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Celebrating women at ACU
ACU proudly celebrated International Women’s Day (IWD) last month, in recognition of the economic, political and social achievements of women throughout history.
Celebrations were held around the university. In Melbourne, the Family Album Exhibition was opened. Organised by the City of Yarra, Fitzroy Learning Network and the Brotherhood of St Lawrence in conjunction with ACU, the exhibition portrays images of families photographed by young women and their mothers.
With women constituting more than 60 per cent of the workforce at ACU, the University has long made an effort to contribute to gender equality through teaching, research, and in professional roles.
In March, ACU was awarded a prestigious Employer of Choice for Women citation for the second year in a row. Late last year, ACU was announced a winner in the 2011 Equal Opportunity for Women in the Workplace Agency (EOWA) Business Achievement awards.
The University has some of the most generous parental leave provisions in Australia with 12 months paid leave, and was the first employer in the country to offer that entitlement. Since the implementation of the maternity leave policy, staff retention has been 91 per cent. In addition, research awards are made available to female academics returning to work after parental leave, and women constitute 68.7 per cent of the workforce.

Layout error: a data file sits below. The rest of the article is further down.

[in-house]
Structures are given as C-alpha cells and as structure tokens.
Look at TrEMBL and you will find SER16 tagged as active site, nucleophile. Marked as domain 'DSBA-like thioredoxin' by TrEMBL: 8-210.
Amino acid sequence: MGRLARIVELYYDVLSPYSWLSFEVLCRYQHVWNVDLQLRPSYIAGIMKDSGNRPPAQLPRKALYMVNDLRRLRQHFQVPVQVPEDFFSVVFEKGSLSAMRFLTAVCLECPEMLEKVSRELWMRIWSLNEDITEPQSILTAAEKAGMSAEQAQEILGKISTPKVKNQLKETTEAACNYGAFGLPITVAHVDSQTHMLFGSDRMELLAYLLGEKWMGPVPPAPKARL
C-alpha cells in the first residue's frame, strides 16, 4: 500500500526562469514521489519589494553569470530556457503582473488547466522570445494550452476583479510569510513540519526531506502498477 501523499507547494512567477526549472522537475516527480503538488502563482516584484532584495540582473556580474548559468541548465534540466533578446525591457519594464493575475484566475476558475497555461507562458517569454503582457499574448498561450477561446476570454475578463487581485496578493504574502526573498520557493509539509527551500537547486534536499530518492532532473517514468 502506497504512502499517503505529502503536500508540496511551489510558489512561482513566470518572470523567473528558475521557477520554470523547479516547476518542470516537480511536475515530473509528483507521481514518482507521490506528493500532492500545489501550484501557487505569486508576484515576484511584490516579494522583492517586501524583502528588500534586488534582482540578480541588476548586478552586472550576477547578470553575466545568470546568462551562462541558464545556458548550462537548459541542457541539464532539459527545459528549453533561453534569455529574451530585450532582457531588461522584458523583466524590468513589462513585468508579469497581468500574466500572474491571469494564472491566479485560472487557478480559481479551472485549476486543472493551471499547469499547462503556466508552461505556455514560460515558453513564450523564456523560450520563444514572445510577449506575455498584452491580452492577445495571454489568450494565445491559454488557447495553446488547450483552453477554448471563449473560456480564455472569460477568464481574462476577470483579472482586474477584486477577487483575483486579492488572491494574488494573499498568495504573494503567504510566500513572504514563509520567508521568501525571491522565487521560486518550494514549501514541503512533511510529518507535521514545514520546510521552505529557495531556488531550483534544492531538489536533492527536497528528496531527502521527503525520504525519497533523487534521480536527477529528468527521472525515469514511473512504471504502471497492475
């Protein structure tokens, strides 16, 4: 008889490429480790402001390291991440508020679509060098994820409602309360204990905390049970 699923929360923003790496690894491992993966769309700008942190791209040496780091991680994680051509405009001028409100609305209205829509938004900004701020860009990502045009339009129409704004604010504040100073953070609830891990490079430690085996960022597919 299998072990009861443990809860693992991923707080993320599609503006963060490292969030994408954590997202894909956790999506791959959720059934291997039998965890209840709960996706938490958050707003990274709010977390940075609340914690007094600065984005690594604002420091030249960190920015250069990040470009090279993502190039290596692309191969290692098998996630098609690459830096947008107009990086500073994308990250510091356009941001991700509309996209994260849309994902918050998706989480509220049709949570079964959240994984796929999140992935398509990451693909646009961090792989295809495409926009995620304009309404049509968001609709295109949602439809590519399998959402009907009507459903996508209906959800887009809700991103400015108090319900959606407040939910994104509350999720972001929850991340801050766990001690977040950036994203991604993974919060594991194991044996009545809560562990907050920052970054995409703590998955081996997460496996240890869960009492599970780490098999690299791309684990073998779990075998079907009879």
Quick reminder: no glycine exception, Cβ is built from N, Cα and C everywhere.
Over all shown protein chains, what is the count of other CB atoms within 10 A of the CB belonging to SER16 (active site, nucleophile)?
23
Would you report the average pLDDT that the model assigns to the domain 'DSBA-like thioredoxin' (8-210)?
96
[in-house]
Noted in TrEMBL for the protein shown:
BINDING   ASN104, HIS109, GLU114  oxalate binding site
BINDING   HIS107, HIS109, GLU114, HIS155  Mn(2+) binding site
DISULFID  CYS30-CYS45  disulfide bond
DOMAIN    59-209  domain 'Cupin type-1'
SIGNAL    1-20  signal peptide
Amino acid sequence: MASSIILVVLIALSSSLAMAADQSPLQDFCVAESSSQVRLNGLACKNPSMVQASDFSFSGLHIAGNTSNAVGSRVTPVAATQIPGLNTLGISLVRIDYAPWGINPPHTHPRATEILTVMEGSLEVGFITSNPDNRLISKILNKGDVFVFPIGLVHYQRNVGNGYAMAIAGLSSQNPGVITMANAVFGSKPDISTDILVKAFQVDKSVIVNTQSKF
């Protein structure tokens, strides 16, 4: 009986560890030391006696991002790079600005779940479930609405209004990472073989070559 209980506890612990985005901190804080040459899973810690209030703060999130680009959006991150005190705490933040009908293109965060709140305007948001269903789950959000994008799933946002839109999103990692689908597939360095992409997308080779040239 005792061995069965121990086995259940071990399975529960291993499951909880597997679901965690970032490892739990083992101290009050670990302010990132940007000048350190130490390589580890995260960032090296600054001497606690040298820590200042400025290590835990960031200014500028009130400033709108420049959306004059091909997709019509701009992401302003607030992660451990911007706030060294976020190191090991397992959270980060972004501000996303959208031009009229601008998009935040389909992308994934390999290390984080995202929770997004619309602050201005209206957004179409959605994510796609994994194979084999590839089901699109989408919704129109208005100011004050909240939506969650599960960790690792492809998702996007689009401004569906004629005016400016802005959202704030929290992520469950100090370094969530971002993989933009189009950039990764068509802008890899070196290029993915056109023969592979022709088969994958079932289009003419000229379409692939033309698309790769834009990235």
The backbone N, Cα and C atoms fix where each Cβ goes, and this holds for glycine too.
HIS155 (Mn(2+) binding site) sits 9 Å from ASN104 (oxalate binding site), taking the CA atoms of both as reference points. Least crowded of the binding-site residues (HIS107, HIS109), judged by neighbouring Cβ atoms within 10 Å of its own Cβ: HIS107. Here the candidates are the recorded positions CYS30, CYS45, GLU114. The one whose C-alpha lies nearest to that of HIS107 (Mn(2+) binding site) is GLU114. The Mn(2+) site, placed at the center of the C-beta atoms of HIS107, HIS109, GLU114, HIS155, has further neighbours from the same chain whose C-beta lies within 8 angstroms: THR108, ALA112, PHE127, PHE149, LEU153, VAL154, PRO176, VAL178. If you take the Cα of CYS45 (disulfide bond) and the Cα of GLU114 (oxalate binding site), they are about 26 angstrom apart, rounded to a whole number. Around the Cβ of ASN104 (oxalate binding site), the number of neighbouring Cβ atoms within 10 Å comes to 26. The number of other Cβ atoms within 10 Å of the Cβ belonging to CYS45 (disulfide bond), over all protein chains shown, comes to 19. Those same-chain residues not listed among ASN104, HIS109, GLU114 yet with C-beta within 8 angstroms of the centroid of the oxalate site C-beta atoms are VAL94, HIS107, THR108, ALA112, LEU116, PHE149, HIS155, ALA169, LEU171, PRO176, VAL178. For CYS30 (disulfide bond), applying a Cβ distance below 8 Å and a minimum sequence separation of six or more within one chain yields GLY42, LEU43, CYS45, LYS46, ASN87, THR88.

Professor Sandy Middleton, Director of the National Centre for Clinical Outcomes Research, said an advantage of working for ACU was the strong female role models and the support she has received from senior women at the University.
Professor Middleton, who was listed in The Sydney Magazine as one of Sydney’s most influential people for 2011, recently received $2.25 million funding for her landmark study on stroke patient outcomes.
She said her greatest challenge was combining being a mother with advancing her career.
“As a mother there have been periods when I needed to work part-time and also to study,” she said. “Even more difficult has been obtaining part-time jobs that actually grow my career as most senior jobs are often full-time.”